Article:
• A second BBC version, a single 95-minute play, was screened in 1975, with Paul Rogers as Verloc, Frances White as Winnie, Peter Clough as Stevie, Anton Rodgers as Mr Vladimir, Peter Sallis as Chief Inspector Heat, and John Cater reprising as The Professor.
  • A third BBC version, in three 55-minute episodes, appeared in 1992, with David Suchet as Adolf Verloc, Cheryl Campbell as his wife Winnie, and Peter Capaldi as Mr Vladimir. Verloc was transformed into a more sympathetic character for this work, in which he deeply grieved for Stevie's death.
  • In July 2016 the BBC broadcast a fourth version,[31][32] starring Toby Jones, Vicky McClure and Stephen Graham.[33]


See also[edit]


  1. ^Conrad 1994, p. 5.
  2. ^Shulevitz, Judith (27 September 2001), "Chasing After Conrad's Secret Agent", Slate .
  3. ^Farrell, G Patrick (1 December 1985), "Autism in literature", Journal of Autism and Developmental Disorders, Springer, 15 (4): 441, doi:10.1007/BF01531790, ISSN 1573-3432, retrieved 18 March 2012 
  4. ^Mulry, David (2000), "Popular Accounts of the Greenwich Bombing and Conrad's 'The Secret Agent'", Rocky Mountain Review of Language and Literature, 54 (2): 43–64 .
  5. ^"Propaganda by Deed – the Greenwich Observatory Bomb of 1894". Greenwich, ENG, UK: NMM. 15 August 2005. Archived from the original on 30 September 2007. 
  6. ^Karl, Frederick R, ed. (1983), "Introduction", The Secret Agent, Signet, pp. 5–6 
  7. ^Conrad, Joseph (1920). "The Secret Agent: a Simple Tale". Author's note. Read print. 
  8. ^Mulry, David, The Anarchist in the House: The Politics of Conrad's The Secret Agent  in Simmons & Stape 2007, p. 2.
  9. ^Conrad, Joseph (1993), The Secret Agent, London: Penguin, p. 35 .
  10. ^Conrad, Joseph (1983). "Introduction". The Secret Agent: A Simple Tale(Google Books). Signet. pp. 5–21. Retrieved 18 March 2012. 
  11. ^Hamner, R (1990). Joseph Conrad: Third World Perspectives(Google Books). Lynne Rienner. p. 176. Retrieved 18 March 2012. 
  12. ^Panichas, George Andrew (2005). Joseph Conrad: his moral vision(Google Books). Mercer University Press. p. 5. ISBN 978-0-86554-936-4. Retrieved 18 March 2012. 
  13. ^Brown, Jonathan (3 December 2007), "Conrad, the literary outsider ignored by his adopted country", Independent, retrieved 4 May 2008 , documenting the 150th anniversary of the birth of Joseph Conrad.
  14. ^Reiss, Tom (11 September 2005), "The True Classic of Terrorism", The NY times, retrieved 4 May 2008 , describing Conrad's works concerning terrorism.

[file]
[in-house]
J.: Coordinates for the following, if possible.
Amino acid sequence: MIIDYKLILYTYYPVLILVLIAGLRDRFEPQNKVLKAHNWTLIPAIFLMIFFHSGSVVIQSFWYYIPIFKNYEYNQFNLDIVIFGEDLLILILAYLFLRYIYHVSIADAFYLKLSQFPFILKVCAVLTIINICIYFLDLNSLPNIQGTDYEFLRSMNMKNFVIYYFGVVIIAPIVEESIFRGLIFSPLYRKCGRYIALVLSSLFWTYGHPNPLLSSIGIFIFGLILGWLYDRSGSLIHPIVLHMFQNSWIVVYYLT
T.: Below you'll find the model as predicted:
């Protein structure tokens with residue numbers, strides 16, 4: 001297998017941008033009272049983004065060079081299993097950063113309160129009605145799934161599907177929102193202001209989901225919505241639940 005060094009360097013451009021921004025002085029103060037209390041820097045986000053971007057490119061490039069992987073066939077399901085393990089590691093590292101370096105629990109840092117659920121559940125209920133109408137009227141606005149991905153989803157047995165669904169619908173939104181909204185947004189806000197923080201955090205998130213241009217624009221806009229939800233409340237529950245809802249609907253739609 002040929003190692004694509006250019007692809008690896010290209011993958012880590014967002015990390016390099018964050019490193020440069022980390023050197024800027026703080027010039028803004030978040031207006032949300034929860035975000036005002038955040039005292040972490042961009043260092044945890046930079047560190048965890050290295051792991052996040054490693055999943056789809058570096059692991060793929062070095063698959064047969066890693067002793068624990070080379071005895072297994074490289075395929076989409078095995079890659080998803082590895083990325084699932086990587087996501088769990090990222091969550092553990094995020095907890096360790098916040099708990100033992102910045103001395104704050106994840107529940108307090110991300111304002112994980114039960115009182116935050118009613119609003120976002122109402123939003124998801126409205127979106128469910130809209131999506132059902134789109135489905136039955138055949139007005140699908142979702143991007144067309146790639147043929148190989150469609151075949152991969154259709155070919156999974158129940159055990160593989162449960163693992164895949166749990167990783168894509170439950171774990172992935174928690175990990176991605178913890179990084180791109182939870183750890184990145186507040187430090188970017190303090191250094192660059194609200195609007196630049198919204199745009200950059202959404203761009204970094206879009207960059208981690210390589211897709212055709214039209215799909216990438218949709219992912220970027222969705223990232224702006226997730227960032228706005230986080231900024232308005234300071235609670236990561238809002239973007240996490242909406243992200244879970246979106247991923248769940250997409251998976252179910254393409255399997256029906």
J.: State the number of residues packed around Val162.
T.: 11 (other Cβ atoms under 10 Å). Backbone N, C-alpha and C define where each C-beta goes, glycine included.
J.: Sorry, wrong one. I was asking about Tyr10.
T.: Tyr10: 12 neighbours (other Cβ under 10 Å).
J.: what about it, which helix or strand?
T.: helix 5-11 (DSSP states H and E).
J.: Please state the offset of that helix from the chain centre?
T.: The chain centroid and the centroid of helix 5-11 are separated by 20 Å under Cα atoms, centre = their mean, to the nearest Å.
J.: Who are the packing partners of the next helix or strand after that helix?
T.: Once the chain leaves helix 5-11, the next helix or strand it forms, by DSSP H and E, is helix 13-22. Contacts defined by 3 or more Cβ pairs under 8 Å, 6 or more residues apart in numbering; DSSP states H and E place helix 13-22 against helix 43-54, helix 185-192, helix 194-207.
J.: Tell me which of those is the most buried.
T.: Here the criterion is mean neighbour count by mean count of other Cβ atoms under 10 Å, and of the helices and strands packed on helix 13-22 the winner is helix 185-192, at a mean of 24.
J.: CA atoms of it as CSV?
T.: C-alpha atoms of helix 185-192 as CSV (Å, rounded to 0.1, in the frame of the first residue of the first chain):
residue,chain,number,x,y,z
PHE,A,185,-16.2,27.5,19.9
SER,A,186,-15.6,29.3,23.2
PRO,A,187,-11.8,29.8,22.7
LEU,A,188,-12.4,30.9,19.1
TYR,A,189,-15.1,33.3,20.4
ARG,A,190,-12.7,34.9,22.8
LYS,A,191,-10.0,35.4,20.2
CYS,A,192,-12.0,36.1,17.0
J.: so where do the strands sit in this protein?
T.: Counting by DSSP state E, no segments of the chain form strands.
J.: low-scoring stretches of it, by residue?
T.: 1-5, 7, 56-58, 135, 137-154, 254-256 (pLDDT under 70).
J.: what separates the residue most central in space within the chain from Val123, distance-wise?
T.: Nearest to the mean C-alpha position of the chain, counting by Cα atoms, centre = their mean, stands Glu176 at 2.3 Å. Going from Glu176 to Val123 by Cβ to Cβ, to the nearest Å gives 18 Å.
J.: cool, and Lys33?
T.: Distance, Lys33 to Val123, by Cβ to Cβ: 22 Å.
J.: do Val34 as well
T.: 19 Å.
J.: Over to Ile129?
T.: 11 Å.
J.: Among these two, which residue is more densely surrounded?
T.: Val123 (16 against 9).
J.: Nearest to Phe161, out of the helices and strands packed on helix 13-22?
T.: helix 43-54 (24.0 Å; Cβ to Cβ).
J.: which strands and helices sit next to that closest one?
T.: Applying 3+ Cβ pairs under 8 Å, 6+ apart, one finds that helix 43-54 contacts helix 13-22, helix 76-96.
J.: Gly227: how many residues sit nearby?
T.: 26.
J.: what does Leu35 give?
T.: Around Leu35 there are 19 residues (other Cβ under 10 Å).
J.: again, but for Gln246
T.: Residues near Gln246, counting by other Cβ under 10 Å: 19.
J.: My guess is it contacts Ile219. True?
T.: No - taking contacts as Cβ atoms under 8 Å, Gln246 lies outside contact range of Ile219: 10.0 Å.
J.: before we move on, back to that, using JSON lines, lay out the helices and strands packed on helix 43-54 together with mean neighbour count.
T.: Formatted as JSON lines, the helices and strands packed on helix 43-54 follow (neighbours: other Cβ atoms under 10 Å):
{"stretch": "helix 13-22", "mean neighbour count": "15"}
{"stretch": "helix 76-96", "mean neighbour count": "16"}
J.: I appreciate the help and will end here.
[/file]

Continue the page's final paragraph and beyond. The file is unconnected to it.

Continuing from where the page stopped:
15. ^"Q3019, 1919–Present: Reading list"(MS Word Doc). UK: Sussex. Retrieved 4 May 2008. [permanent dead link]
  16. ^"Reading Lists"(MS Word Doc). UK: Kent. Retrieved 4 May 2008. [dead link]
  17. ^"Recommended Reading List for A-Level"(PDF). UK: Teach it. Retrieved 4 May 2008.  Subscription required.
  18. ^Foster, David cited in Oswell 2007, p. 140.
  19. ^Jackson, Lisa Ann; Dougall, Courtney (Fall 1998). "English Grad Student Plays Detective in Unabomber Case". BYU today. Brigham Young university. Retrieved 4 May 2008. 
  20. ^Conlan, Tara (20 November 2014). "BBC to film new adaptation of Joseph Conrad's novel The Secret Agent". 
  21. ^"World Productions on Twitter". 
  22. ^"BBC - Toby Jones, Vicky McClure and Stephen Graham star in BBC One's The Secret Agent - Media Centre". 


  • Caplan, Carola M; Mallios, Peter Lancelot; White, Andrea, eds. (2004), Conrad in the Twentieth Century: Contemporary Approaches and Perspectives, Abingdon, Oxford: Routledge, ISBN 0-415-97164-0 .
  • Conrad, Joseph (1969), The Secret Agent, Penguin .
  • ——— (1990). Seymour-Smith, Martin, ed. The Secret Agent. London: Penguin. ISBN 0-14-018096-6. .
  • ——— (1994), The Secret Agent, London: Penguin, ISBN 0-14-062056-7 .
  • ——— (2004), Lyon, John, ed., The Secret Agent: A Simple Tale, Oxford: Oxford University Press, ISBN 0-19-280169-4 .
  • Houen, Alex (2002), Terrorism and Modern Literature: From Joseph Conrad to Ciaran Carson, Oxford: Oxford University Press, ISBN 0-19-818770-X .
  • Lawrence, John Shelton; Jewett, Robert (2002), The Myth of the American Superhero, Grand Rapids, MI, US: Eerdmans, ISBN 0-8028-2573-7 .
  • Orr, Leonard; Billy, Ted; Billy, Theodore (1999), A Joseph Conrad Companion, New Haven, CT, US: Greenwood, ISBN 0-313-29289-2 .
  • Oswell, Douglas Evander (2007), The Unabomber and the Zodiac, Lulu, ISBN 0-615-14569-8 .
  • Paulson, Ronald (2007), Sin and Evil: Moral Values in Literature, New Haven, US: Yale University Press .
  • Reilly, Patrick (2003), The Dark Landscape of Modern Fiction, London: Ashgate, ISBN 0-7546-3370-5 .
  • Simmons, Allan H; Stape, JH (2007), The Secret Agent: Centennial Essays, Amsterdam: Rodopi, ISBN 90-420-2176-4 .
  • Woodard, J David (2006), The America that Reagan Built, New Haven, CT, US: Greenwood, ISBN 0-275-98609-8 .